He initially finished in 7th place but was promoted to the 5th place after Arie Luyendyk's time was disallowed and pole sitter Scott Brayton was fatally injured during the practice. After leading 43 out of 200 laps, Lazier has won his first Indy Car race. The Indy 500 victory remained his only win in the greatest American race. In the championship standings, Lazier finished 14th.

Collecting wins and podiums in the Indy Racing League

In the 1996-1997 season of the Indy Racing League, Buddy added one more victory to his account, winning at Charlotte Motor Speedway. At Indianapolis 500, he finished fourth.

In the next two seasons with Hemelgarn Racing's #91 car (1998 and 1999), Lazier scored four podiums, including second place at the 1998 Indianapolis 500. He was beaten by Eddie Cheever.

BuddyLazier, year 2000, IRL champion

2000 Indy Racing Leaguer champion

Victorious 2000 IRL season for Buddy Lazier

And then in 2000, Buddy Lazier became the IRL champion. He opened the season with the second place at Walt Disney World and victory at Phoenix.

At the Indianapolis 500, the Riley & Scott Mk VII chassis was replaced by the Dallara IR00 for the remainder of the season. With the new car, Lazier set the fastest lap at Indianapolis 500, finishing second behind Juan Pablo Montoya. He scored one more podium at Atlanta before winning the race at Kentucky. In the season-ending Excite 500 at Texas, Lazier finished fourth, which was enough to take the title ahead of Scott Goodyear and Eddie Cheever.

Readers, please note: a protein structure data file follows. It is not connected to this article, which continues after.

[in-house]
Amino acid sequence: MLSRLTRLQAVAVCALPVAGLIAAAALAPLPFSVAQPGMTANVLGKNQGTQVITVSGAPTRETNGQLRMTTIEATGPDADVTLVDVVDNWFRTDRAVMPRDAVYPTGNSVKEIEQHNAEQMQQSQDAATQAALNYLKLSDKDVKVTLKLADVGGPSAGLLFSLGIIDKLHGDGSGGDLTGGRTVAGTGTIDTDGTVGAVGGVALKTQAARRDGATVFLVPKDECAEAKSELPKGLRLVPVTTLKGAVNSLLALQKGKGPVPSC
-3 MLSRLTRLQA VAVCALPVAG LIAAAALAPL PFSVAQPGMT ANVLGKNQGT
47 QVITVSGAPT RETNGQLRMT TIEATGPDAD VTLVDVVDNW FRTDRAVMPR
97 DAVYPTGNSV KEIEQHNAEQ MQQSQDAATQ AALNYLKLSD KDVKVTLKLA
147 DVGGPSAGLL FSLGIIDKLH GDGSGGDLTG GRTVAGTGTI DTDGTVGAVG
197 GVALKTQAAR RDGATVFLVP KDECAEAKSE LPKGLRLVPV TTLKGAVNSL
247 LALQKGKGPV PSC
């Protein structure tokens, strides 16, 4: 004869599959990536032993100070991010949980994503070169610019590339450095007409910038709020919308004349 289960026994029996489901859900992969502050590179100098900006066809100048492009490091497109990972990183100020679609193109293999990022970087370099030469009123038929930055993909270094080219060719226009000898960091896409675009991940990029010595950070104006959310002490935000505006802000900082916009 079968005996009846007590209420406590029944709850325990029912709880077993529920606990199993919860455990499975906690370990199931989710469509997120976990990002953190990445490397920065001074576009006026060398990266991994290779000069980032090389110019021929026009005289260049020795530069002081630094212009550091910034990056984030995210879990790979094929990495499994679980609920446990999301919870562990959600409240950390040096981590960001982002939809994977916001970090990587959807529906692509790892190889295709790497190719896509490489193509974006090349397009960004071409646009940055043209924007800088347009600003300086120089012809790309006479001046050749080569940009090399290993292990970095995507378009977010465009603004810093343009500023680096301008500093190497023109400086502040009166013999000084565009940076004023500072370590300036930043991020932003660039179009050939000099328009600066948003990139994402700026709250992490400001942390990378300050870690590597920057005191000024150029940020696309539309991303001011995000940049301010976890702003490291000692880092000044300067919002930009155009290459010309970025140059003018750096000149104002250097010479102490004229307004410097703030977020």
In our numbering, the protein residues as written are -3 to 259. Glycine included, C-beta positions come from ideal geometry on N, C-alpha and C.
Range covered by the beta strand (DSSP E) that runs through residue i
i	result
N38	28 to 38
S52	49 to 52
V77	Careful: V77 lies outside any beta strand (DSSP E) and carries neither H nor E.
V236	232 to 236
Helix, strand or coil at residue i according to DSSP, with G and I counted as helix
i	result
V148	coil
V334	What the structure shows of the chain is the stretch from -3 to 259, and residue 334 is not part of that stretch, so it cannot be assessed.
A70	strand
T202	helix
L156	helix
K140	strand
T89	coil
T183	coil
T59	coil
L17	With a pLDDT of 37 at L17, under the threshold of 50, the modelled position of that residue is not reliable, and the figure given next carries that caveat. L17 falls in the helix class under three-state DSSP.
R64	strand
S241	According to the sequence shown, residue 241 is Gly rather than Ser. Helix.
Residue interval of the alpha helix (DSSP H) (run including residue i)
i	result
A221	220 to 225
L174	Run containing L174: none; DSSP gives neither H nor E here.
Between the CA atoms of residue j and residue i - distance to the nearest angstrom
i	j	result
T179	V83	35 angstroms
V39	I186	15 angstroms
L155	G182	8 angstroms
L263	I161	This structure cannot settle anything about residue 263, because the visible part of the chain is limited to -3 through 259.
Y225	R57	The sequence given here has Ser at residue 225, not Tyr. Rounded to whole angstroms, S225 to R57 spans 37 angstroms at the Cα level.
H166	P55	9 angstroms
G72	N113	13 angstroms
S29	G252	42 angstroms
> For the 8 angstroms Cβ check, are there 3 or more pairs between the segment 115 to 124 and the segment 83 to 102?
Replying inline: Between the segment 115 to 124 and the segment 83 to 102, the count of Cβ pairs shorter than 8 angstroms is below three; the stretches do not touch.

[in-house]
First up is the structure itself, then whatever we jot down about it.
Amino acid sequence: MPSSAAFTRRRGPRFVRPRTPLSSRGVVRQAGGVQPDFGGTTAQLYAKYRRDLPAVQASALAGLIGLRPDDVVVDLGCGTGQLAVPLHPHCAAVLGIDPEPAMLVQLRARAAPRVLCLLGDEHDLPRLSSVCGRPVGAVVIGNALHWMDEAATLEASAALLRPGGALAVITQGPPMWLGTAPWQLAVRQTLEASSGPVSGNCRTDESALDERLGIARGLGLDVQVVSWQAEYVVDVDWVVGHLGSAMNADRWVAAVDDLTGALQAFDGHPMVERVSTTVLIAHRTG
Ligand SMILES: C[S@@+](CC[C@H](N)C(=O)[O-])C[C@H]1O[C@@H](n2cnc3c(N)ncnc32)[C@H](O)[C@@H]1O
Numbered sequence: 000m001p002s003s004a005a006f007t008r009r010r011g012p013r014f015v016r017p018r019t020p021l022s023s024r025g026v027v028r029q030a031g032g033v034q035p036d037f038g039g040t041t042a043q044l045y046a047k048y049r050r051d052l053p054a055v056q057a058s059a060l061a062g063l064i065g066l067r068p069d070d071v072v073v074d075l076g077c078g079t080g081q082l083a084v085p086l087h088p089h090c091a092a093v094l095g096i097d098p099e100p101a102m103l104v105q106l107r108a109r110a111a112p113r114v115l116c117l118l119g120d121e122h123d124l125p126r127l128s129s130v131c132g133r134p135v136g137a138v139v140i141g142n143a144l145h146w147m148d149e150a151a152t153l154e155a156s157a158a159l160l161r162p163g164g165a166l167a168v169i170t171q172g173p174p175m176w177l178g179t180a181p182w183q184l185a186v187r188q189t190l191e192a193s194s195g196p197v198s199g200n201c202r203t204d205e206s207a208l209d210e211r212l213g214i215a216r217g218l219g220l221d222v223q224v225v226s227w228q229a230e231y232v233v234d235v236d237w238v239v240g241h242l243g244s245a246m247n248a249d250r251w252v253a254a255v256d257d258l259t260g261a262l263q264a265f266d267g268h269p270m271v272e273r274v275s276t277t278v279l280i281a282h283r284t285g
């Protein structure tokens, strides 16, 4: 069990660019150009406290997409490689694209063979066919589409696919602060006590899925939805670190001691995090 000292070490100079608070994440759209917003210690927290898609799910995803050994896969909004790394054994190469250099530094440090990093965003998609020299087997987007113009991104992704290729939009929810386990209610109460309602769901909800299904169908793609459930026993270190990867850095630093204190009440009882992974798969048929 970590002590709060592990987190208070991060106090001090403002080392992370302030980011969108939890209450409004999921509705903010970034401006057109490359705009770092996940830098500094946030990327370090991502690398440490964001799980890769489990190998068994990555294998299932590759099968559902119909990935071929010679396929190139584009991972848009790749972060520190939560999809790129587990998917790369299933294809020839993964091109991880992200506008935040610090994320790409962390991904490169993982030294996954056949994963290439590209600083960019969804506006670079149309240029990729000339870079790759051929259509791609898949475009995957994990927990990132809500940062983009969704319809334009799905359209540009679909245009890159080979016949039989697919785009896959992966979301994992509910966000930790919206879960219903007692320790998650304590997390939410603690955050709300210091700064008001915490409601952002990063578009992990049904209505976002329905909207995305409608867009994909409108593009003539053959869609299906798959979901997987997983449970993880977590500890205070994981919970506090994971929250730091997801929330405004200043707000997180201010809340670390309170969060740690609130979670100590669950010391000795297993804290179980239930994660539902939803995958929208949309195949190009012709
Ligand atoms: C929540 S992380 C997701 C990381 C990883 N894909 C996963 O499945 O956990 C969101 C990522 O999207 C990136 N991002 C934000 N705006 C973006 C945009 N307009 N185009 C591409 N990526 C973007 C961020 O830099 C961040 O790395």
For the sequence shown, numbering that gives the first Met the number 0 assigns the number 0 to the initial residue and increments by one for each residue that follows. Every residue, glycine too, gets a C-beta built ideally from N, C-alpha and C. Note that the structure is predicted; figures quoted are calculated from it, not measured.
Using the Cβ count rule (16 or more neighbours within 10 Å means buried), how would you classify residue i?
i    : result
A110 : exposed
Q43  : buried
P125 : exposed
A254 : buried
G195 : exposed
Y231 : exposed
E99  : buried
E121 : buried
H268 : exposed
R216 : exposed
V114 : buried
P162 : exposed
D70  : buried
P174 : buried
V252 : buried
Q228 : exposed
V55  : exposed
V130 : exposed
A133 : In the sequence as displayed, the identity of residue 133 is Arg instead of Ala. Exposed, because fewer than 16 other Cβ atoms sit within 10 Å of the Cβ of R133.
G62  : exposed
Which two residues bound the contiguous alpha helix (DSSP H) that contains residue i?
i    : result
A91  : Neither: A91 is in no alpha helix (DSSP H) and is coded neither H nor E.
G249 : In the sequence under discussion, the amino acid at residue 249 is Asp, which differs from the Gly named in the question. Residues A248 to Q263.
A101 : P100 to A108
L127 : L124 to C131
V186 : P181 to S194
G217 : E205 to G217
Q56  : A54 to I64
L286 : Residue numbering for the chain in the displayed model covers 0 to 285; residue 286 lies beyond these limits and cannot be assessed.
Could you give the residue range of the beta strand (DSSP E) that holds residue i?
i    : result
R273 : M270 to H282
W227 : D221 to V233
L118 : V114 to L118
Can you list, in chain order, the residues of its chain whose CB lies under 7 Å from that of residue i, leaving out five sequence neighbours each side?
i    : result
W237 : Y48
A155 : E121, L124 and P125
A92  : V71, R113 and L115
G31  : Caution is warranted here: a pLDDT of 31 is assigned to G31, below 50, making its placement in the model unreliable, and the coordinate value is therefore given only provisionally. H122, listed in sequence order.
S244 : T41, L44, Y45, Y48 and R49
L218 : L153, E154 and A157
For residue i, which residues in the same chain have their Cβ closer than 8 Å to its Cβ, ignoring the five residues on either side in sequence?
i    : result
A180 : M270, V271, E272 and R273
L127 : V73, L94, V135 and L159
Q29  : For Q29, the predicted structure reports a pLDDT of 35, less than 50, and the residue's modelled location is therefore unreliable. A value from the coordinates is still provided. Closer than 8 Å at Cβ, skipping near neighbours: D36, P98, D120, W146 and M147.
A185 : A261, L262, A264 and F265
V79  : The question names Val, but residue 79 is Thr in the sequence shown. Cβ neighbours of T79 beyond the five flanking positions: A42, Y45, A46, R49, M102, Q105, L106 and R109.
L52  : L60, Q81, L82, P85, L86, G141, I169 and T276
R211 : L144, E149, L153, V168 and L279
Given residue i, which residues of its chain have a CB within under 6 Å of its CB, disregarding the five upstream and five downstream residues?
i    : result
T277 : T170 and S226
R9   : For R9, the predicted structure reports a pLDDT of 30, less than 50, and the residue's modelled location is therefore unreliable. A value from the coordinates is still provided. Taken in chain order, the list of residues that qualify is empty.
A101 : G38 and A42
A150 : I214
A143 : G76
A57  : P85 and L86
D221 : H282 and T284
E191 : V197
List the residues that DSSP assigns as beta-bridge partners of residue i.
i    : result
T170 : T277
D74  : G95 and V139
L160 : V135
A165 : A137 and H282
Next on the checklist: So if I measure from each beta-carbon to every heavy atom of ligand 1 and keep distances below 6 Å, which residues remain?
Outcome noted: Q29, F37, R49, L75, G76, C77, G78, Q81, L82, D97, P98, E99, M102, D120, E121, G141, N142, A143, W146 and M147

2001 IRL runner-up with four wins

The season of 2001 was even better when it comes to his victories because Lazier won four times in the #91 Hemelgarn Racing's Dallara IR01-Oldsmobile. He was victorious at Pikes Peak, Richmond, Nashville and Kentucky, but it wasn't enough for another title, so he finished as a runner-up behind Sam Hornish.

The season of 2001 was also marked by Lazier's return to Daytona 24h. He was driving the Robinson Racing's #74 Riley & Scott MkIII-Judd, together with Jack Baldwin, Irv Hoerr and George Robinson. They failed to finish. In 2001, Lazier also participated in the International Race of Champions for the first time, finishing in the 9th place. In the 2002 Race of Champions, he finished second, behind Kevin Harvick.

BuddyLazier, wife Kara, year 2002, indycar drivers

Buddy Lazier and wife Kara in 2002

Three more seasons with Hemelgarn Racing